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Clergy are Blessed with (almost) Tax-Free Status

 

March 23, 2012

The Congress officially recognizes the value of all clergy and religious workers, and provides significant income tax benefits not generally available to lay people.  There are rules to follow, but by and large clergy can fairly easily take advantage of these special concessions.

Clergy receive special tax treatment for these reasons:

  1. Even though clergy are considered employees of a church or religious denomination, they can be treated as being self-employed for Social Security and Medicare tax purposes.
  2. Clergy receive an income tax-free housing allowance and/or may live in a church-provided parsonage.
  3. Since clergy are treated as self-employed, the religious institution they work for cannot withhold Social Security or Medicare tax from their paychecks. However, extra federal tax can be withheld at the request of the clergy-person to cover the self-employment tax.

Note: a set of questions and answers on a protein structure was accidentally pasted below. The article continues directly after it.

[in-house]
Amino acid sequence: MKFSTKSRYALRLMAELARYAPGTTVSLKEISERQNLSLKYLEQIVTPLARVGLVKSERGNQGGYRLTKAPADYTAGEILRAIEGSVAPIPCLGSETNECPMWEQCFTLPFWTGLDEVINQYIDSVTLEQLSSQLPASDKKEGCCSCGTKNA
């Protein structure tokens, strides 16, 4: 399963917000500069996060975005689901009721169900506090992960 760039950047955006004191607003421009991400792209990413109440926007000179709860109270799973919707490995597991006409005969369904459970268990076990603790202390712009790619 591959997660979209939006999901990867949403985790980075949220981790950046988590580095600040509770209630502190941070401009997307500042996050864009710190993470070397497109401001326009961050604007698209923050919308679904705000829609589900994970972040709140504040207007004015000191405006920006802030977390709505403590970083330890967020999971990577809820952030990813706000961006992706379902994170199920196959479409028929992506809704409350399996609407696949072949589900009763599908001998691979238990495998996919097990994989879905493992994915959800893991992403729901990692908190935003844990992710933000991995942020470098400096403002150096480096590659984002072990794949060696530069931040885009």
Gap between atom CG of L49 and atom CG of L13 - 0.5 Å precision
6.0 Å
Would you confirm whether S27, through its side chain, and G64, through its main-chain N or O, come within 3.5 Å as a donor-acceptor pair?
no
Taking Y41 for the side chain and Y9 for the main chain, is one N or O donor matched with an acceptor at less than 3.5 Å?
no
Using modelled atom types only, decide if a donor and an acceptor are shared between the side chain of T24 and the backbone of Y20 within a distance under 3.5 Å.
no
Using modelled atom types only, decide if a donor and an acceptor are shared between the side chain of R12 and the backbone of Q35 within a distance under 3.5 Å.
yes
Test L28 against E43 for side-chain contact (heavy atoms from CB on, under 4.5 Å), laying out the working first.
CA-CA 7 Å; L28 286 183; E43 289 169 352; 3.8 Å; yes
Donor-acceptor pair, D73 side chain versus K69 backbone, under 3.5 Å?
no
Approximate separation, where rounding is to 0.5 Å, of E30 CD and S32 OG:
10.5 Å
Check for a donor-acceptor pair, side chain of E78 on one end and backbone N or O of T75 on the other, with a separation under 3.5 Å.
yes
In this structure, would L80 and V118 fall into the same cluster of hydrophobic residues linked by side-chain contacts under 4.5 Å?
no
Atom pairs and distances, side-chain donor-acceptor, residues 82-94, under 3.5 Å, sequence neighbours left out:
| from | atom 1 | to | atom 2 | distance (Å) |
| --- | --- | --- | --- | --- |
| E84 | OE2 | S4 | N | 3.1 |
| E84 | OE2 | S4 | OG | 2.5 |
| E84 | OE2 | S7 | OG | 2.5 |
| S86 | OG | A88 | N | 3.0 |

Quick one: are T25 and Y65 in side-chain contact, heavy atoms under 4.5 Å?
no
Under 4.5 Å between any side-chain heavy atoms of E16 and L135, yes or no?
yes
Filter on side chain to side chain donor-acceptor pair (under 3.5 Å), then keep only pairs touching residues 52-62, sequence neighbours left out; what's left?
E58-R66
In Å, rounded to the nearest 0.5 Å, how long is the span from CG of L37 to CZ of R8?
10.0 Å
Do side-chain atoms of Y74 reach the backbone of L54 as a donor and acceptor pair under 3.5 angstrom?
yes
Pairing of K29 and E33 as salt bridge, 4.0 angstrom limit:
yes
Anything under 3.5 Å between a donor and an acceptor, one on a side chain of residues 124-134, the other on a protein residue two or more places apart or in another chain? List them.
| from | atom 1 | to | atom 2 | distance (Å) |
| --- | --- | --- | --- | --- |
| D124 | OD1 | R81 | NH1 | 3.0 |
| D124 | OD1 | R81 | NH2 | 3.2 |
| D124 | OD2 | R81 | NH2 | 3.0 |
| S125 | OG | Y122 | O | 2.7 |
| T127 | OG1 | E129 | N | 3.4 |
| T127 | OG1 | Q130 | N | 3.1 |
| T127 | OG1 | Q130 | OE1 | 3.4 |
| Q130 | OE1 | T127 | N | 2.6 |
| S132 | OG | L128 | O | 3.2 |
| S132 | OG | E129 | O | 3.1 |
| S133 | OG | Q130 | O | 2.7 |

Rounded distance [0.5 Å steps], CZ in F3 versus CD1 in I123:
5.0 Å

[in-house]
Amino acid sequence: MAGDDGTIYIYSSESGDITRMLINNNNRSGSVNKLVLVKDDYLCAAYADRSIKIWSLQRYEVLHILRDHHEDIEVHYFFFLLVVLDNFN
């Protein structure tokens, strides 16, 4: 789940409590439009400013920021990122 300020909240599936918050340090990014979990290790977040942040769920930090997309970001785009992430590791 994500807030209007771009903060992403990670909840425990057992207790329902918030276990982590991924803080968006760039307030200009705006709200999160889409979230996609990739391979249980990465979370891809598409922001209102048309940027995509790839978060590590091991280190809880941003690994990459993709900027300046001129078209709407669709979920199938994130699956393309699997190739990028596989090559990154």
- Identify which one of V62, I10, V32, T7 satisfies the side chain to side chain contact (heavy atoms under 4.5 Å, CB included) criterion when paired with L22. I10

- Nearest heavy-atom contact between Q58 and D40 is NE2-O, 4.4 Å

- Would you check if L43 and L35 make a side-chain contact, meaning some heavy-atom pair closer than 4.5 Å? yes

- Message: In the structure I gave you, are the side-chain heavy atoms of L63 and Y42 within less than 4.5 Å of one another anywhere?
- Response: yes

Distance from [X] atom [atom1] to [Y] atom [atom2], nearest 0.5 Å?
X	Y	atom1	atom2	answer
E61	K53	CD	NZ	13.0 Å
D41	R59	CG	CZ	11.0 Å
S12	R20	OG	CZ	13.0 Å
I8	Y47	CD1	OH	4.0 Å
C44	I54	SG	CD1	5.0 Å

4. Most salaried clergy people might also be eligible for the Earned Income Tax Credit.

The values of the first two items above are excluded from a clergy-person’s calculation of income tax, but are still subject to self-employment (SE) tax. Clergy who have elected to be covered by Social Security are considered Self-employed. The IRS Instructions for Schedule SE has significant information dealing with ministers and other religious workers.

When and how can clergy opt out of Social Security?

An important fact for clergy to remember when considering opting out of paying in to Social Security is that they would then not be eligible for any Social Security retirement benefits. If the clergy-person does decide to opt out, then he or she must opt out by the second year in which they have earned more than $400 of ministerial income. IRS Form 4361 must be completed, and it must be filed on the correct basis of religious belief. If approved by the IRS, only earnings from ministerial services are exempt from self-employment tax. Form 4361 indicates that once the exemption is approved, it cannot be revoked.